FDA releases first results in 10-year study on food safety in restaurants

November 27, 2018

The U.S. Food and Drug Administration (FDA) is in the middle of a 10-year-long study on food safety practices in the nation’s restaurants, including food preparation techniques and employee behaviors. Recently, the administration published results from its first year of data collection.

The study, which encompasses both fast food and sit-down restaurants, looks at how certain restaurant practices might contribute to foodborne illness outbreaks. Most importantly, the FDA hopes to use the data it collects to identify areas where restaurants can improve on avoiding common health hazards.

Began in 2013, the study will wrap up in 2023. Data collection is taking place in stages, with collection periods for fast food and full-service restaurants in 2013, 2017 and 2021 and for institutional food services (cafeterias in schools, prisons, etc.) in 2015, 2019 and 2023.

Involved in the study are the National Restaurant Association and the National Council of Chain Restaurants, in addition to large chains and some state-wide associations.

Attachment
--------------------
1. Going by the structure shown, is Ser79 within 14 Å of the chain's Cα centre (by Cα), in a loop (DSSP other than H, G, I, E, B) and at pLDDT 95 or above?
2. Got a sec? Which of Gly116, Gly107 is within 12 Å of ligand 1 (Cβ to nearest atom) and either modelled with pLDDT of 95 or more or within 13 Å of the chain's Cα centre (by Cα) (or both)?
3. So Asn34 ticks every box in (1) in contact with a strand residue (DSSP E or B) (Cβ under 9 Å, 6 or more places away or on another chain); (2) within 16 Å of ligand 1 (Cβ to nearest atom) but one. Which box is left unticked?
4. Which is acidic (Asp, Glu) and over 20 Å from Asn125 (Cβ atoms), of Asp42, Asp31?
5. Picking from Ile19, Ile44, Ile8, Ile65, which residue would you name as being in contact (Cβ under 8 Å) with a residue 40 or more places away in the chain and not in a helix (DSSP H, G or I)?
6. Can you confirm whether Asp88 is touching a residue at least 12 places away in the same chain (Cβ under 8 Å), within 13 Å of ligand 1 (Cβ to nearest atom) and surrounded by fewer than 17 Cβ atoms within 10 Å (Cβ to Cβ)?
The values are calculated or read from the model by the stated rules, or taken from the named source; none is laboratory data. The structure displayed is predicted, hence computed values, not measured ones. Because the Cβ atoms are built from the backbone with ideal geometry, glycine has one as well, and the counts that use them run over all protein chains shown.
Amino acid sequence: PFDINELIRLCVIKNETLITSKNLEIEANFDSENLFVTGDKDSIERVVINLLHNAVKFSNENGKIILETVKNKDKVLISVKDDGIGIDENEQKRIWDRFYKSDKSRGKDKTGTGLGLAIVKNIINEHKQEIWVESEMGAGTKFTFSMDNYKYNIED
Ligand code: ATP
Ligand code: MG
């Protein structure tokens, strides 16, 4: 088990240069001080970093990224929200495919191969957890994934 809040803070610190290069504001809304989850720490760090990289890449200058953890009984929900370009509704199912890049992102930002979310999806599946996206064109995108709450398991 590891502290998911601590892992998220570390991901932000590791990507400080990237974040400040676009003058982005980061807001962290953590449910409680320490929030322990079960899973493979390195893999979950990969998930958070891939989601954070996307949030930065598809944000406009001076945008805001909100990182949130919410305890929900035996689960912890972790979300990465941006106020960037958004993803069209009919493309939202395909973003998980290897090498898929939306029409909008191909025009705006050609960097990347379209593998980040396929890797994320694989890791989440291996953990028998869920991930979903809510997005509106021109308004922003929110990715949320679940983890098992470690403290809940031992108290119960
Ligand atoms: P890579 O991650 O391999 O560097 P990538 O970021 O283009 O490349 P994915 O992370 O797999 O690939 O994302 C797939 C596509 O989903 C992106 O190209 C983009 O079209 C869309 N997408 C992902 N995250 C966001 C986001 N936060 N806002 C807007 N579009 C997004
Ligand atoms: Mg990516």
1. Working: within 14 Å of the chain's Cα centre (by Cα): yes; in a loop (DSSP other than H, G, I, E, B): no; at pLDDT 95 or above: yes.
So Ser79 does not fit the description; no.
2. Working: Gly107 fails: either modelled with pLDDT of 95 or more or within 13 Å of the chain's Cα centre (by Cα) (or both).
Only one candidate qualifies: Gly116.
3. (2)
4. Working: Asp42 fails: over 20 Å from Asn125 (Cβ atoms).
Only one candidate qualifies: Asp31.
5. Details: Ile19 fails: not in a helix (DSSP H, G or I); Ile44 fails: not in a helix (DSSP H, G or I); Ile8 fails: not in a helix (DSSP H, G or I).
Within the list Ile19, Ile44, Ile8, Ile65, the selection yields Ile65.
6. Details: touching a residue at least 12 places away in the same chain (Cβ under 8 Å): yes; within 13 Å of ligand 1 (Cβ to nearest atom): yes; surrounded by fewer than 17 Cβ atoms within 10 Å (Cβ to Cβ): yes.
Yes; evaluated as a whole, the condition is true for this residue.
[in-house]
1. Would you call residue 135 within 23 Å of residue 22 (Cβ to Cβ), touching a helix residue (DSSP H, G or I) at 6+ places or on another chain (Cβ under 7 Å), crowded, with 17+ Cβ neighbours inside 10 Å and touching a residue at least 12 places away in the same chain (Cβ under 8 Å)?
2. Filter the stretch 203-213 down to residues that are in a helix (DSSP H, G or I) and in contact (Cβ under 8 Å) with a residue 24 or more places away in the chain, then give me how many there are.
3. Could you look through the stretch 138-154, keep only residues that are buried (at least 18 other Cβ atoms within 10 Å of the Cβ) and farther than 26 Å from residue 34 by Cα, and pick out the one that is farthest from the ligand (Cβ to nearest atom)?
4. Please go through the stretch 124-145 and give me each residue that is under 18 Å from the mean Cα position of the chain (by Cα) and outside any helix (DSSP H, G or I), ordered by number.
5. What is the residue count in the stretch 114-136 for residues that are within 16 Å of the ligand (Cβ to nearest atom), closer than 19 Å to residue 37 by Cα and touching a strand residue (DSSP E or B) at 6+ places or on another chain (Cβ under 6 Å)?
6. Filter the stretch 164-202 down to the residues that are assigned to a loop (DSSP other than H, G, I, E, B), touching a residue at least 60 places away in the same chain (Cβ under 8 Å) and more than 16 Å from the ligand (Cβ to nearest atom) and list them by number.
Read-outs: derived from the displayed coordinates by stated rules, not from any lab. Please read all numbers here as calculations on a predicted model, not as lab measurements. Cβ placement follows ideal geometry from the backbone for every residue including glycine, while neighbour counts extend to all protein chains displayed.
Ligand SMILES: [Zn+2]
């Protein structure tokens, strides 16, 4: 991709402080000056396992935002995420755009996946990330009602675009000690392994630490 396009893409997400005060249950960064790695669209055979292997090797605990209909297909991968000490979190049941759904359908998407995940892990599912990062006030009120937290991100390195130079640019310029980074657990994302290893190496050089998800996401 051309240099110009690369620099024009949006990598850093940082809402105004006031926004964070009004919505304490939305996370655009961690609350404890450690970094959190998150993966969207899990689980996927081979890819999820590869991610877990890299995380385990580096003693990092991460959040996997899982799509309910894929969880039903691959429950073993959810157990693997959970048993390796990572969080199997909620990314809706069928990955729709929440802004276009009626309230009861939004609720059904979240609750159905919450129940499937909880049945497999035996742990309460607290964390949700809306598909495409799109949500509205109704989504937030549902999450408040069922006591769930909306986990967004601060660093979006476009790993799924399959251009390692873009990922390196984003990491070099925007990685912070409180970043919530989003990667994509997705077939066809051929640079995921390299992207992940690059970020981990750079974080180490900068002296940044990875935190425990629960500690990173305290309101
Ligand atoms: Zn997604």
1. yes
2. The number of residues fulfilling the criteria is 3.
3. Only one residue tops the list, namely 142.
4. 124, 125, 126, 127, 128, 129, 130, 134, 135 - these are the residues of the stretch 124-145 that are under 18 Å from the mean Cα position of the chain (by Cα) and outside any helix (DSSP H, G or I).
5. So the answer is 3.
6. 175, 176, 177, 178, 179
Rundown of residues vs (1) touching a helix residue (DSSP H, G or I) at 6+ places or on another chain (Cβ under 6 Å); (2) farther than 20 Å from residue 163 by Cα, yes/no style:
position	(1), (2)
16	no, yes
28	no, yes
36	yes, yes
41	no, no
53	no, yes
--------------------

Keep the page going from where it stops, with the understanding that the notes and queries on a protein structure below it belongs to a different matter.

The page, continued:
The good and the bad

According to the Centers for Disease Control and Prevention, more than 50% of foodborne illness outbreaks come from restaurant food. To that end, the FDA’s initial publication regarding its ongoing study highlights the importance of food safety management systems, including certified food protection managers.

Where were restaurants encouraged to improve? Handwashing — an area the U.S. Food Safety Inspection Service has already said is done improperly 97% of the time. The FDA also says that restaurants need to better maintain proper temperature control in cold holding of food.

Where did restaurants score well? Preventing direct hand contact with ready-to-eat food — employees generally seem to do well with wearing gloves when needed. Cooks also seemed to be doing a good job of cooking meat to safe internal temperatures.

The report states that the yearly cost of foodborne illness is $77.7 billion, thanks to the losses generated when people get sick, and so far, the behaviors determined to be the biggest health hazards are things that can be easily improved, like handwashing and temperature control.

For more on food safety in restaurants, check out our post on the five most common ways food is contaminated in a restaurant.


Category: Food Safety, Food & Beverage, Public Health, Adulteration, Allergens, Pathogens, Environmental Monitoring, Sanitation & Hygiene